Posted by: captainfalcon | October 10, 2011


This is a good debunking of some of the criticisms levied at Occupy Wall Street.  It is best read in conjunction with this, which is hathosistically ham-fisted. Money quote from the first one:

5) “They have no demands!” This is the most bizarre criticism of [Occupy Wall Street] as a social movement. As one organizer puts it, ‘We haven’t had a shortage of demands and solutions. We’ve had a shortage of mass movements.’ Moreover, it’s pretty predictable what will happen once demands get issued officially. If they’re too ambitious, the movement will be dismissed as socialism. If they’re moderate, it will be dismissed as stealth Obamaism, and the protesters will be condescendingly asked “why can’t you just participate in the political system as it is?”

They have no demands is a misguided critique because there’s nothing irrational about expressing targeted displeasure without making demands – the more demands you make the more opportunity there is for (a) intra-movement fissures to develop and (b) proponents of the status quo to craft a marginalizing counter-narrative. And, as Pasquale points out, it’s clear that Occupy Wall Street has some definition; it is meant to express displeasure at the difference between economic remuneration for financial sector workers, and everybody else. It is left inchoate whether what’s displeasing is the disparity in remuneration per se, or the means by which financial sector remuneration is guaranteed. (That said, the fact that Occupy Wall Street isn’t protesting hospitals or tech firms suggests mere income inequality isn’t the issue. The perceived problem has something to do with how the financial sector gets compensated.)



  1. Generally a nice read. I find it’s counter-objections to the “They’re breaking the law” objection somewhat unpersuasive – rather than address the laws being broken, and why it is acceptable in this case to break those laws, it simply asserts that many WS firms also have broken laws.

    What the heck does “hathosistically” mean? I’m guessing it derives somehow from hathos…?

    Incidentally, did anyone notice side-ring comedy act of Occupy Seattle? A small group of protestors set up camp in Westlake Park (a minor park smack in the middle of downtown Seattle). Westlake Park cannot legally be used for camping, so the mayor asked the protestors to instead camp out in City Hall Plaza, 1 mile away (and still in the middle of downtown Seattle). The protestors found this to be a point of principle on which they could not budge, and insistently stayed in Westlake. The police were sent in to insist that all tents be taken down, and made a couple dozen arrests in the process. The tents were taken down, and most left the park for the night (although some stayed in the rain without tents). This mostly transformed it into a daytime occupation, but protestors still refused to move to the Plaza. Yesterday, the police announced that sitting on the ground under an umbrella illegal unless you actually had a hand on the umbrella holding it up, because an umbrella resting on the ground is a “structure.” In another fine splitting of hairs, tarps open on the ground are not structures, but if those tarps are tied down to anything then they constitute structures.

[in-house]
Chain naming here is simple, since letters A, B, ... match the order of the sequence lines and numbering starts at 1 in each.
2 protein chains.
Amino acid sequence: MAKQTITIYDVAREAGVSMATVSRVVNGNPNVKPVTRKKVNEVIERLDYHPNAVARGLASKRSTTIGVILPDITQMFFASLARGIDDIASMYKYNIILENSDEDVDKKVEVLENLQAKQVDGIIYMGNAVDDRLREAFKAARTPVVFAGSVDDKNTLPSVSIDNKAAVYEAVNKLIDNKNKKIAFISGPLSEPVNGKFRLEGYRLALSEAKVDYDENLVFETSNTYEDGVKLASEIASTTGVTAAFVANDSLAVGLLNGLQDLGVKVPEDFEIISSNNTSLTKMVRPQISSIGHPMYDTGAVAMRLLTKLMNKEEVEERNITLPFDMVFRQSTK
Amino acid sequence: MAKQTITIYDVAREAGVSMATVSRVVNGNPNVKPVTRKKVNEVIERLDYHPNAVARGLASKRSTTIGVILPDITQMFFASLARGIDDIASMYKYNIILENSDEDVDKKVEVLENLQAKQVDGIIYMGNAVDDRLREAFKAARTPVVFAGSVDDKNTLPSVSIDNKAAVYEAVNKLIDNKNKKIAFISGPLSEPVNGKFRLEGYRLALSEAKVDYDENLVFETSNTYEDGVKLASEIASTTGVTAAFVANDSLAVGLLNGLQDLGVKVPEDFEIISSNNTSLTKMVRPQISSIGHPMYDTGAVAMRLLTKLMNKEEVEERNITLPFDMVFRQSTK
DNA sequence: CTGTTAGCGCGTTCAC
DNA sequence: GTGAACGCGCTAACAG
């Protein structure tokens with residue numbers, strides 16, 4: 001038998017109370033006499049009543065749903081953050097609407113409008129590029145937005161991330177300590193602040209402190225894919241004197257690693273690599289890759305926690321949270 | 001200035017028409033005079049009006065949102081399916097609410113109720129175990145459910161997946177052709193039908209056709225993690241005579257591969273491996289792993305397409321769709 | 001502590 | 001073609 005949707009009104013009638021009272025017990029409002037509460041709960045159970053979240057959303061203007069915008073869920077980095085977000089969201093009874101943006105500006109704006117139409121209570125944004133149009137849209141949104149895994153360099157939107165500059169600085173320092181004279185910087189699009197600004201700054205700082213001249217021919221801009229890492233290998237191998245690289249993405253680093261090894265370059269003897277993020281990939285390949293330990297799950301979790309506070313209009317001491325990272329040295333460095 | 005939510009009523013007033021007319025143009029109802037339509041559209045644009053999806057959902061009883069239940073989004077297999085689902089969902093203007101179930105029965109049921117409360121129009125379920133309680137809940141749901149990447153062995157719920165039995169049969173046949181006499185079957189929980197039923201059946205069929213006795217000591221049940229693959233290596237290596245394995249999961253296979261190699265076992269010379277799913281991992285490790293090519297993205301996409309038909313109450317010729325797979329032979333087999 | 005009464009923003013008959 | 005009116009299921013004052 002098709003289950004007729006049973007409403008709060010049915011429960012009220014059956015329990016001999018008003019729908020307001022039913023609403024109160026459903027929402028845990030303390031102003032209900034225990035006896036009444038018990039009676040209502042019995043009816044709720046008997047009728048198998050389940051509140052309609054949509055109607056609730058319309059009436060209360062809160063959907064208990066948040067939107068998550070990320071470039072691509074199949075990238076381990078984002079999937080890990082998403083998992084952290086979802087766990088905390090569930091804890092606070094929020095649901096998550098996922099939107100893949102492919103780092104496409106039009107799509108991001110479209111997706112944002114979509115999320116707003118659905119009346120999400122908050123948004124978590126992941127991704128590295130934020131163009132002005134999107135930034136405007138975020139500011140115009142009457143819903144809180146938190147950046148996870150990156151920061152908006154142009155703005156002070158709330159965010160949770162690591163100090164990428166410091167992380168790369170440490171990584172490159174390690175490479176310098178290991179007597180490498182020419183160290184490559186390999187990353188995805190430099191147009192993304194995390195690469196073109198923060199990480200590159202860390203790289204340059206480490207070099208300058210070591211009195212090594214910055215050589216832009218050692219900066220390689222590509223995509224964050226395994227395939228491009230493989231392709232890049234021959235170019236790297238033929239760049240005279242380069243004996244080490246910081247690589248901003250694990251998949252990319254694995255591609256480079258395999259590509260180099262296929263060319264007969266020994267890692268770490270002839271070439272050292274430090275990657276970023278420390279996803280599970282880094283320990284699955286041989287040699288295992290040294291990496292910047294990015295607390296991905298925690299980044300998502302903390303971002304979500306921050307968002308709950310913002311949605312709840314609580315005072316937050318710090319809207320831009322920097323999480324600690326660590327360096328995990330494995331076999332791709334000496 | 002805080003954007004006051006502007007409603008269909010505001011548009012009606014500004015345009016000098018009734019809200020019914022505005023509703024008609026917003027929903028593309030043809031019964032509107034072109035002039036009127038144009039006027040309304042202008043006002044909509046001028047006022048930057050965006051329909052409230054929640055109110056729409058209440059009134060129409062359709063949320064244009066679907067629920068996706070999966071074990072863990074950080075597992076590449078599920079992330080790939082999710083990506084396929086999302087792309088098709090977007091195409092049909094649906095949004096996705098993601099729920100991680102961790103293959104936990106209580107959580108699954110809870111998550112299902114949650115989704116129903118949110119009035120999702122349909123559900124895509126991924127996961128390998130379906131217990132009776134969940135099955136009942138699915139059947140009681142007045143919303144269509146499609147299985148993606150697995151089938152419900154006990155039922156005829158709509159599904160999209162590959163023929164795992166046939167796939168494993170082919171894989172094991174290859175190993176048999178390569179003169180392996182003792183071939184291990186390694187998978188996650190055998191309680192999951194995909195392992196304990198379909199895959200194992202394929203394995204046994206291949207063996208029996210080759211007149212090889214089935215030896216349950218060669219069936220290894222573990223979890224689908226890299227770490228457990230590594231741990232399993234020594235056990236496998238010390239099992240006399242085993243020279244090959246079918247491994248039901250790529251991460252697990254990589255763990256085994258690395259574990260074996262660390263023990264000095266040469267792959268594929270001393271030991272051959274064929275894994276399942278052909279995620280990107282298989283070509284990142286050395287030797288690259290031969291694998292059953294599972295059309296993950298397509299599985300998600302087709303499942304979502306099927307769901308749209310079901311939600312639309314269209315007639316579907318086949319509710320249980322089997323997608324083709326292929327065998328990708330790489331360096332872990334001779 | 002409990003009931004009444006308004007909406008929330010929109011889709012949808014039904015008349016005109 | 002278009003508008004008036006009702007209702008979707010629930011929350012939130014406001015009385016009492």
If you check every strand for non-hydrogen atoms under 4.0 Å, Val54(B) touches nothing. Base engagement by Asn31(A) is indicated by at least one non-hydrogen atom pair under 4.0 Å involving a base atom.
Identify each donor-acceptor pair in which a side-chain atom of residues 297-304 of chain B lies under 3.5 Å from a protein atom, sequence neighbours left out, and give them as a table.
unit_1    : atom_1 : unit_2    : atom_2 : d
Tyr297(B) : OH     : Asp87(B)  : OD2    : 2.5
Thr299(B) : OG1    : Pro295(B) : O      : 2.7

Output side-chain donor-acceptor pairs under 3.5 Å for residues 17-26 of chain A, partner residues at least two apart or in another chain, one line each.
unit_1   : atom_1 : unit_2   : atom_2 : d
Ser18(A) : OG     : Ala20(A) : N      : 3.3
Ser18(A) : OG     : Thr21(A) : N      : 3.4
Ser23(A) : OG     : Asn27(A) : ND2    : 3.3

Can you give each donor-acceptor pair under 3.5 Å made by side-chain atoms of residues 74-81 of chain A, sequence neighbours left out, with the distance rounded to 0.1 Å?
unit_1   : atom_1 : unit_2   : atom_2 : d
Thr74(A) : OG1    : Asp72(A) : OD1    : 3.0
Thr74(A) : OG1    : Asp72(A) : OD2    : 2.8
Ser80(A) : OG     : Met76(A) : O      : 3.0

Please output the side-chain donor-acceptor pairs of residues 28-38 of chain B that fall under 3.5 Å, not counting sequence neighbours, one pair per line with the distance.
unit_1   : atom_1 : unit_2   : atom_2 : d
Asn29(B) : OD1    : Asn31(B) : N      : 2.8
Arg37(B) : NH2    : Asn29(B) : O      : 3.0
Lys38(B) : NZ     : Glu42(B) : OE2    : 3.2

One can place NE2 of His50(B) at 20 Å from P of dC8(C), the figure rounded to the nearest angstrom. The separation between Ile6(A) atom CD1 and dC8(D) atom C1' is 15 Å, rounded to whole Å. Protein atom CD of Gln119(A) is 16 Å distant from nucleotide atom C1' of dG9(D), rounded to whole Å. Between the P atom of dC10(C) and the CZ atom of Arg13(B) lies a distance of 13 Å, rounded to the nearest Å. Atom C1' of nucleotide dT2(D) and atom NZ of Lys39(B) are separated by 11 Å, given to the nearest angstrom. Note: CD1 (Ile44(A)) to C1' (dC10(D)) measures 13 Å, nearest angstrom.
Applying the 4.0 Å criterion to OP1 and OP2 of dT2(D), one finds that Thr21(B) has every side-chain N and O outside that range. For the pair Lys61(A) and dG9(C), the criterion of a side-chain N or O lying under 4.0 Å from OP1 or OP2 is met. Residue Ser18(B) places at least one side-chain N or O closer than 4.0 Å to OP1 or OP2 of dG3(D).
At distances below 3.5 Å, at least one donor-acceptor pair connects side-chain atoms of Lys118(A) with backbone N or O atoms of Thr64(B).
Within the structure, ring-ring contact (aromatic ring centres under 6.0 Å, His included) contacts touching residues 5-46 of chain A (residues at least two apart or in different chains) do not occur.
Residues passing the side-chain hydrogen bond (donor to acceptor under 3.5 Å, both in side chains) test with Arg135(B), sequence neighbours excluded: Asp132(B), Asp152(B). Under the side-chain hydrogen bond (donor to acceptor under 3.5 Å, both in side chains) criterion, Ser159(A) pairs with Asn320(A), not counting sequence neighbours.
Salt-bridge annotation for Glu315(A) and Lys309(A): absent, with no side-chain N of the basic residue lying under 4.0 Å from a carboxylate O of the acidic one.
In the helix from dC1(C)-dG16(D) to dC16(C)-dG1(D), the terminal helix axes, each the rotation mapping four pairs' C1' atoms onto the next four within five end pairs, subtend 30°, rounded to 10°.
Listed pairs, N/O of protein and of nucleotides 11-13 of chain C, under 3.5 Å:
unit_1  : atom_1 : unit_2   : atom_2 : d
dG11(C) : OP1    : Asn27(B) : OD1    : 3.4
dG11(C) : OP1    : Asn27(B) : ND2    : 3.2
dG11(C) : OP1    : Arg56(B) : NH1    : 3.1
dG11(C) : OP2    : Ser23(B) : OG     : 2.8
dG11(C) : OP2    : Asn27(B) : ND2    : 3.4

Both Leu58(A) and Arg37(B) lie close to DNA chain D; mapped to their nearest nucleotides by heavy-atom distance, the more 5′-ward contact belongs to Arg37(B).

2. I agree its vindication of the lawbreaking is underdeveloped and veers toward a tu quoque, but it outlines a reasonably sober argument the normative premise of which is that: we ought to tolerate or encourage benign civil disobedience (the transformation of a soulless corridor into a celebratory and educational space) that effectively protests very harmful lawlessness.

    Also, my search for case law holding that umbrellas are structures was unavailing.

  3. The first point (“they’re all just spoiled hippies who can’t get a job”) is particularly galling. It basically implies that OWS condones sloth and stupidity, and that those who have well-renumerated jobs in the financial sector are smarter and more hard-working than those in the OWS movement (and their sympathizers). Not only do such attitudes reveal an unhealthy superiority complex, but also a total inability to recognize issues such as the structural inequalities built into the US economic model, or the cosy relationship between Wall St. and its supposed regulators, or at the very least, the myriad of factors that can cause individuals and families to suffer financial hardship (disability, lack of health insurance, unstable families, etc.)

    • It also has given rise to numerous people saying things along the line of “if they want jobs, they should go to job interviews instead of protesting.” This in turn is fundamentally misunderstanding the purpose of their protest. I’m sure everyone, including the protestors, knows that the odds of their being employed are increased more by going job-hunting than by camping outside Wall Street. But the odds of making structural change in our legal and economic system are far greater through protesting. Which is to say… they do not protest to get jobs for themselves; they protest to get jobs for America. And it is somewhat depressing that the response to someone doing this is to sneer at them.

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